Air Force announces Air Force Special Operations as new Cannon AFB mission

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Air Force officials announced today that Cannon Air Force Base, N.M., will be the new home for an Air Force special operations wing.

Air Force Special Operations Command will accept ownership of Cannon AFB and the Melrose Range effective Oct. 1, 2007.

The decision came as a result of an eight-step process the Air Force began in the fall 2005 to explore a reuse for Cannon. The New Mexico Congressional delegation and community leaders actively supported this effort.

"Finding a reuse for Cannon Air Force Base was a top priority for the Air Force," said William C. "Bill" Anderson, Assistant Secretary of the Air Force for Installations, Environment and Logistics. "We were not just looking for a fit between Cannon's assets and a new user, we were looking for the best fit, and AFSOC is the best fit for Cannon."

Because of historical lineage, the 16th Special Operations Wing flag will transition to Cannon, and Hurlburt Field will regain its designation as the 1st Special Operations Wing.

Simultaneously, Air Combat Command's 27th Fighter Wing will begin drawing down as outlined in the 2005 Base Realignment and Closure recommendation. The wing will deactivate after the F-16 Fighting Falcons have been reassigned. That process is expected to take six to 12 months.

Military members directly support the F-16 mission at Cannon will transfer to new assignments as the aircraft they are responsible for transfer to their new bases. Mission support personnel will remain and support the incoming AFSOC unit.

Initially, the 16th Special Operations Wing will partition its assets to support the mission at Cannon. During the next few years, AFSOC will experience some growth as the result of the increased special operations mission as outlined in the Quadrennial Defense Review released earlier this year.

The growth in weapons systems and people will be divided between the two bases. New airframes, to include the CV-22 Osprey, will be assigned to Hurlburt/Eglin as well as to the new wing at Cannon. Other potential aircraft for Cannon are AC-130U Gunships and the MC-130H Combat Talon II. The final aircraft mix between Cannon and Hurlburt Field has not been finalized.

"The AFSOC expansion to Cannon offers special operators a western U.S. base to enhance support for its operations in the Pacific theatre and to meet the objectives of our global defense posture," said Lt. Gen. Michael W. Wooley, AFSOC commander. "Additionally, the Melrose Range and the surrounding region open up new and unrestricted training opportunities AFSOC does not currently experience, to include joint and composite training with other services and nations, as well as mission training opportunities. Cannon basing of AFSOC assets enables the special operations community easy access to a high desert training environment much like that encountered in contingency operations."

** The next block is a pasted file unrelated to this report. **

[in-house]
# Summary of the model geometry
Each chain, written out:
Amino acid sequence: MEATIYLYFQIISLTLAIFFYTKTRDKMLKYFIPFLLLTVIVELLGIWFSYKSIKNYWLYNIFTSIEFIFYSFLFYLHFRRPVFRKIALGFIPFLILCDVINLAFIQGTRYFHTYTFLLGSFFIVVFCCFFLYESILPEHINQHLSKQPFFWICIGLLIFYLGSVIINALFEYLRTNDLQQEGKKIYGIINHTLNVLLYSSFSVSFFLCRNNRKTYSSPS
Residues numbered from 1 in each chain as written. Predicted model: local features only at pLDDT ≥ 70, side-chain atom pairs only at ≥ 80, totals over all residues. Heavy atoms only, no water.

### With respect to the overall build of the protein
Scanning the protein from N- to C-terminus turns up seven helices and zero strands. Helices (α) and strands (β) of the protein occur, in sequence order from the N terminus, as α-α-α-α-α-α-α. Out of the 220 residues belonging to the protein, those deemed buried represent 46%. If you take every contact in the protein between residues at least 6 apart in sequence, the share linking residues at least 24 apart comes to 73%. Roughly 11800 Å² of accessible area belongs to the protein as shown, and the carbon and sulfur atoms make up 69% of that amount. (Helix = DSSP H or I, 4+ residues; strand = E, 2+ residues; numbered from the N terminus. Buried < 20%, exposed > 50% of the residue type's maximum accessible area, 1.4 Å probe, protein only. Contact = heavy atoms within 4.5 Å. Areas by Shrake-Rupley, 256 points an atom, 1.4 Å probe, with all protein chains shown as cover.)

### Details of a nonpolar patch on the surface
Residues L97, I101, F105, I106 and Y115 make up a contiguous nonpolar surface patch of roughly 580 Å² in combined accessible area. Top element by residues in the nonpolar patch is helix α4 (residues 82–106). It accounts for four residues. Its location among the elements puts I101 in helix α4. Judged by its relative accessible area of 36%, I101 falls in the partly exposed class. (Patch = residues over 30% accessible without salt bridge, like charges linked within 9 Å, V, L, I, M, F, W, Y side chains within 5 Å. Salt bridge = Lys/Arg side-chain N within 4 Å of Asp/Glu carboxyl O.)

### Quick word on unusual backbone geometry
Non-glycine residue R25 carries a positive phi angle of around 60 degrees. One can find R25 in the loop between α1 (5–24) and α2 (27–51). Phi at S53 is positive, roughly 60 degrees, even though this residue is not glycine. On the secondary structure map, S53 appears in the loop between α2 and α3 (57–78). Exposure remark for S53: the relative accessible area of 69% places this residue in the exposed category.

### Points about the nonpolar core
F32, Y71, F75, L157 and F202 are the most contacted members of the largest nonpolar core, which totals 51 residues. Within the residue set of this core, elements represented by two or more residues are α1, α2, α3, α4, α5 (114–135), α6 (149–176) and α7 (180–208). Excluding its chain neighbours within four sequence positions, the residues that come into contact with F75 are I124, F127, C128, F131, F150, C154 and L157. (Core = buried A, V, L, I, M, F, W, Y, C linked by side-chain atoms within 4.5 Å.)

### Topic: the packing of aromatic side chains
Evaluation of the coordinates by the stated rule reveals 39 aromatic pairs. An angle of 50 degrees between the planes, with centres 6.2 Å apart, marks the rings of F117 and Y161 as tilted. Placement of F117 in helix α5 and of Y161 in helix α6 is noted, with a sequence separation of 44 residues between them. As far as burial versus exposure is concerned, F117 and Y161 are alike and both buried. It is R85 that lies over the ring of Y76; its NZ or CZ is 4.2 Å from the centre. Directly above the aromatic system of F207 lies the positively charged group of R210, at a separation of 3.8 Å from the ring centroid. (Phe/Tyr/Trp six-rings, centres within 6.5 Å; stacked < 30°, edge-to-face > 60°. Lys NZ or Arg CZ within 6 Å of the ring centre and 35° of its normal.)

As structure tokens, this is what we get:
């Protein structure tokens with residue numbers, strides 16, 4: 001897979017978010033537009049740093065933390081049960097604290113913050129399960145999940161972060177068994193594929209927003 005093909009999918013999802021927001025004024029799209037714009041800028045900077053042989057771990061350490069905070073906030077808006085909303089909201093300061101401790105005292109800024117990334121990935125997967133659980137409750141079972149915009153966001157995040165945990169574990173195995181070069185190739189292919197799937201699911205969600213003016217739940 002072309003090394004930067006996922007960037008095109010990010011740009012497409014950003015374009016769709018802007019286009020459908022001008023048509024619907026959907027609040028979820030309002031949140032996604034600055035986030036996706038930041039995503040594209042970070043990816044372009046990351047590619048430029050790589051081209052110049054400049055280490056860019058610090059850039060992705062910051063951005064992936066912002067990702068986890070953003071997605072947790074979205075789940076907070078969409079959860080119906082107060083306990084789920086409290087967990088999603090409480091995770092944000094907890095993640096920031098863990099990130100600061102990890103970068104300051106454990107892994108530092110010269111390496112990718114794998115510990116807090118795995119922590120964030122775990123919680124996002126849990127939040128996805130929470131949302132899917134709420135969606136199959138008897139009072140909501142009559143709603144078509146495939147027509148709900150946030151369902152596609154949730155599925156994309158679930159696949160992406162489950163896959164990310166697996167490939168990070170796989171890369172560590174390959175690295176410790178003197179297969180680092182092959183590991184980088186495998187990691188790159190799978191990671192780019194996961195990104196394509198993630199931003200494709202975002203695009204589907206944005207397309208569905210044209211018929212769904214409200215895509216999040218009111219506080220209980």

Hurlburt Field will continue as the headquarters of Air Force Special Operations Command and will also be the home of the 1st Special Operations Wing.

"AFSOC is pleased to continue our strong relationship with the northwest Florida community," said General Wooley. "This is truly a win-win situation for Florida, New Mexico, and AFSOC."

In compliance with the National Environmental Policy Act, the Air Force will conduct a comprehensive evaluation of the mission change at Cannon AFB and of any changes in the use of Melrose Range. The studies are anticipated to take 15 to 18 months.

"The Air Force mission is to protect the United States and its interests around the world," said Michael Wynne, Secretary of the Air Force. "Force readiness is a top priority for the Air Force and was the major factor in my recommendation for this new use for Cannon."

The Air Force had until 2009 to identify a new use for Cannon's assets or the base would be closed in 2010, in accordance with the 2005 BRAC commission's recommendations. However, the Air Force set a goal to complete Cannon's search for a new use by summer 2006.